Two major approaches have been used to investigate environmental factors related to vector-borne transmission of diseases: empirical statistical models and mechanistic models. Empirical statistical models are based on inductive approaches and quantitative statistical analyses, including in a spatially explicit context (Vanwambeke et al. 2007a, 2010. See also Eisen & Lozano-Fuentes 2009 for a review applied to Aedes aegypti and dengue virus). The drawback of these models is that their inference is limited to the domain of the data used to construct them. Diverse spatial data exist, varying in extent and resolution, but remotely sensed data provide extensive coverage and rich information content. They have been successfully used in epidemiology and vector-borne disease ecology (Herbreteau et al. 2005, 2007), particularly for mapping vector or disease case distribution. Such data provide a higher level of detail than census-like data, which aggregate spatially heterogeneous variables at the level of administrative units and are difficult to associate with human activities (Rindfuss et al. 2003). Census-like data are also focused on residence. However, humans spend time in other places with potentially profound implications for infectious disease epidemiology (Adams & Kapan 2009; Stoddard et al. 2009).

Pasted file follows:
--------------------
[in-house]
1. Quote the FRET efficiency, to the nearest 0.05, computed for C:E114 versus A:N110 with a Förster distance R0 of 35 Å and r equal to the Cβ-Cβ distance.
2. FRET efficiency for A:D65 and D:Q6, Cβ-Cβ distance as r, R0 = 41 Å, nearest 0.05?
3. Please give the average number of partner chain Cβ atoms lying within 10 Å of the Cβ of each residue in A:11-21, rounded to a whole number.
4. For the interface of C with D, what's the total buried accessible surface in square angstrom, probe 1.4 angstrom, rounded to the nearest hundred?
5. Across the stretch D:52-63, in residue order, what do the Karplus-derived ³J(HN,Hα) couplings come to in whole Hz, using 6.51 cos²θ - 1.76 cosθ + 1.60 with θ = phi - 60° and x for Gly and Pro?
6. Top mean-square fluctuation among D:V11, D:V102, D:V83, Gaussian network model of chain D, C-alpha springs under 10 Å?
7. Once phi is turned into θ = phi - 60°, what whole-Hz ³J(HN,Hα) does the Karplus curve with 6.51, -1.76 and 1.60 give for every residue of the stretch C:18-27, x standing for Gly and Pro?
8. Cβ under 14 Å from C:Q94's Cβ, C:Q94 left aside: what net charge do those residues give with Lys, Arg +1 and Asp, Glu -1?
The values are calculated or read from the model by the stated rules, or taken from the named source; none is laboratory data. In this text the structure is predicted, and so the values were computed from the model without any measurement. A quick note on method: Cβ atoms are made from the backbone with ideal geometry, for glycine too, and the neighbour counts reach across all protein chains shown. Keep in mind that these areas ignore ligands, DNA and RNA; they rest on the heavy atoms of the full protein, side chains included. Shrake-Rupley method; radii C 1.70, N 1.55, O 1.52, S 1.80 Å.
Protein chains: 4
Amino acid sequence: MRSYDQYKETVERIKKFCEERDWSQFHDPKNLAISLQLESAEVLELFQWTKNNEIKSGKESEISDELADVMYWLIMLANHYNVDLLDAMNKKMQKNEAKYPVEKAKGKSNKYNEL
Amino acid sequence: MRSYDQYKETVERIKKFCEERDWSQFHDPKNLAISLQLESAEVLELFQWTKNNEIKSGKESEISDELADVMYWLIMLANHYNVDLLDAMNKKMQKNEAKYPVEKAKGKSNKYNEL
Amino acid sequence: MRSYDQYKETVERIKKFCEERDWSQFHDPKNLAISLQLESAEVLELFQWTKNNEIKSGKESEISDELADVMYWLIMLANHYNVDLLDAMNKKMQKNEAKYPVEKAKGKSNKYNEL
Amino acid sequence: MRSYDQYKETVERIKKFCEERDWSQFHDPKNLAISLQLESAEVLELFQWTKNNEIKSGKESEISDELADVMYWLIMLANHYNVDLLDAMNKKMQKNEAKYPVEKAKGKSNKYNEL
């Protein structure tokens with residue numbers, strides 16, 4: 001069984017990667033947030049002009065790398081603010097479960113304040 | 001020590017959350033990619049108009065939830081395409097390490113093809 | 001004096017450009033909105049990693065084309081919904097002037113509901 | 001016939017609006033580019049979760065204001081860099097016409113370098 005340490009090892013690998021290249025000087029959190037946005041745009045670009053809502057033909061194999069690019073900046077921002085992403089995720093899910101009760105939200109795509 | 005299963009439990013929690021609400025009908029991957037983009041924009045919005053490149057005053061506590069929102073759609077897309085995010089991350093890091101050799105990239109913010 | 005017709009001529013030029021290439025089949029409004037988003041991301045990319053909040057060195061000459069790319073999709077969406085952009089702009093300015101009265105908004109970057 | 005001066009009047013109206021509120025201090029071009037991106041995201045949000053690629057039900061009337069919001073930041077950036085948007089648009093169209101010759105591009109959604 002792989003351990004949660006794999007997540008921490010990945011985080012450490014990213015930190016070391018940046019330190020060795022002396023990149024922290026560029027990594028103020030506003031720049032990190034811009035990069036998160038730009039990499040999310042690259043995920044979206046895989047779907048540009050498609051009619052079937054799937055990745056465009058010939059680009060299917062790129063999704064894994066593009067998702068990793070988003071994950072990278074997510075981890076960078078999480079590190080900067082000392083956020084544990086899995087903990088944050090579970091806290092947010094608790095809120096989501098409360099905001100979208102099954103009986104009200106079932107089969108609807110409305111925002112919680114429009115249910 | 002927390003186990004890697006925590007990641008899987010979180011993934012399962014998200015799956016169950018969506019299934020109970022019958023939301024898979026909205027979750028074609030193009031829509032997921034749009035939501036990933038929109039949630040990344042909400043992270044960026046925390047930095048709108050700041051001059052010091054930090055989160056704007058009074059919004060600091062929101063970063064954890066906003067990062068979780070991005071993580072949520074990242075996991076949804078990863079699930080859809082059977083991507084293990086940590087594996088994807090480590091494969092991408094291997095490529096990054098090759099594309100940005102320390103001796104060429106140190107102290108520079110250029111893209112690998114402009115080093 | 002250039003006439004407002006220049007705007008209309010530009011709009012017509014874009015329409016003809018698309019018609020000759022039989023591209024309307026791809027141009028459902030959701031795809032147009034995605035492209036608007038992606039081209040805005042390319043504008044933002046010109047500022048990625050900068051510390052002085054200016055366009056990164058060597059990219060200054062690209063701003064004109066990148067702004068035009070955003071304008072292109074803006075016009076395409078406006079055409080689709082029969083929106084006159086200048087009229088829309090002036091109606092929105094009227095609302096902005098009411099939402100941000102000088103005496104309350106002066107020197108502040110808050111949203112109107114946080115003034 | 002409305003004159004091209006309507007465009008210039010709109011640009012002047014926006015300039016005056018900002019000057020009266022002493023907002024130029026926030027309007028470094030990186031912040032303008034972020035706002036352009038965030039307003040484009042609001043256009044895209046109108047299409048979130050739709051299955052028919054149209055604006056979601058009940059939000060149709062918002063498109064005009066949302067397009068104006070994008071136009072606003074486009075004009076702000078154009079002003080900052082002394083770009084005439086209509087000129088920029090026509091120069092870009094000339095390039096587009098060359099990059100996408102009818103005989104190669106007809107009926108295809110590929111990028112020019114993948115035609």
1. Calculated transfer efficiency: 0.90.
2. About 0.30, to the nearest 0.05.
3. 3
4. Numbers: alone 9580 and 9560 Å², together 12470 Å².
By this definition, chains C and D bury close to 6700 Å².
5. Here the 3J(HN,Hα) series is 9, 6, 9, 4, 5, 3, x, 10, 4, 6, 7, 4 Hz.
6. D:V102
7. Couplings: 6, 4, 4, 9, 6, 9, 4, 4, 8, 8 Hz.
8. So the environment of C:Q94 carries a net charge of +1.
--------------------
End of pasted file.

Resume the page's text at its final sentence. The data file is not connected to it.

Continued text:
Mechanistic models for mosquito-borne diseases, such as the susceptible-infected-recovered model (SIR) modified for vector-borne disease (Aron & May 1982; Rogers 1988; Anderson & May 1991; Rogers et al. 2002; Snow & Gilles 2002; Adams & Kapan 2009), include explicit details of the transmission processes and express the number of infections per infected host (e.g. the basic reproductive rate R0) in terms of biologically meaningful parameters. R0 increases with vector biting rate, vector survival and proportion of bites infecting the host or vector. Parameters relating to infection or recovery probabilities are less influenced by extrinsic environmental parameters. Mosquito activity and survival are influenced by spatially variable climatic parameters. Mosquitoes tend to bite more often, and the extrinsic incubation period becomes shorter at higher temperatures, but mortality may rise at lower relative humidity and past a temperature threshold (Watts et al. 1987; Focks et al. 1993; Jetten & Focks 1997), leading to difficulties in generalizing the effects of changes in weather and/or climate on vector-borne disease (Rogers et al. 2002).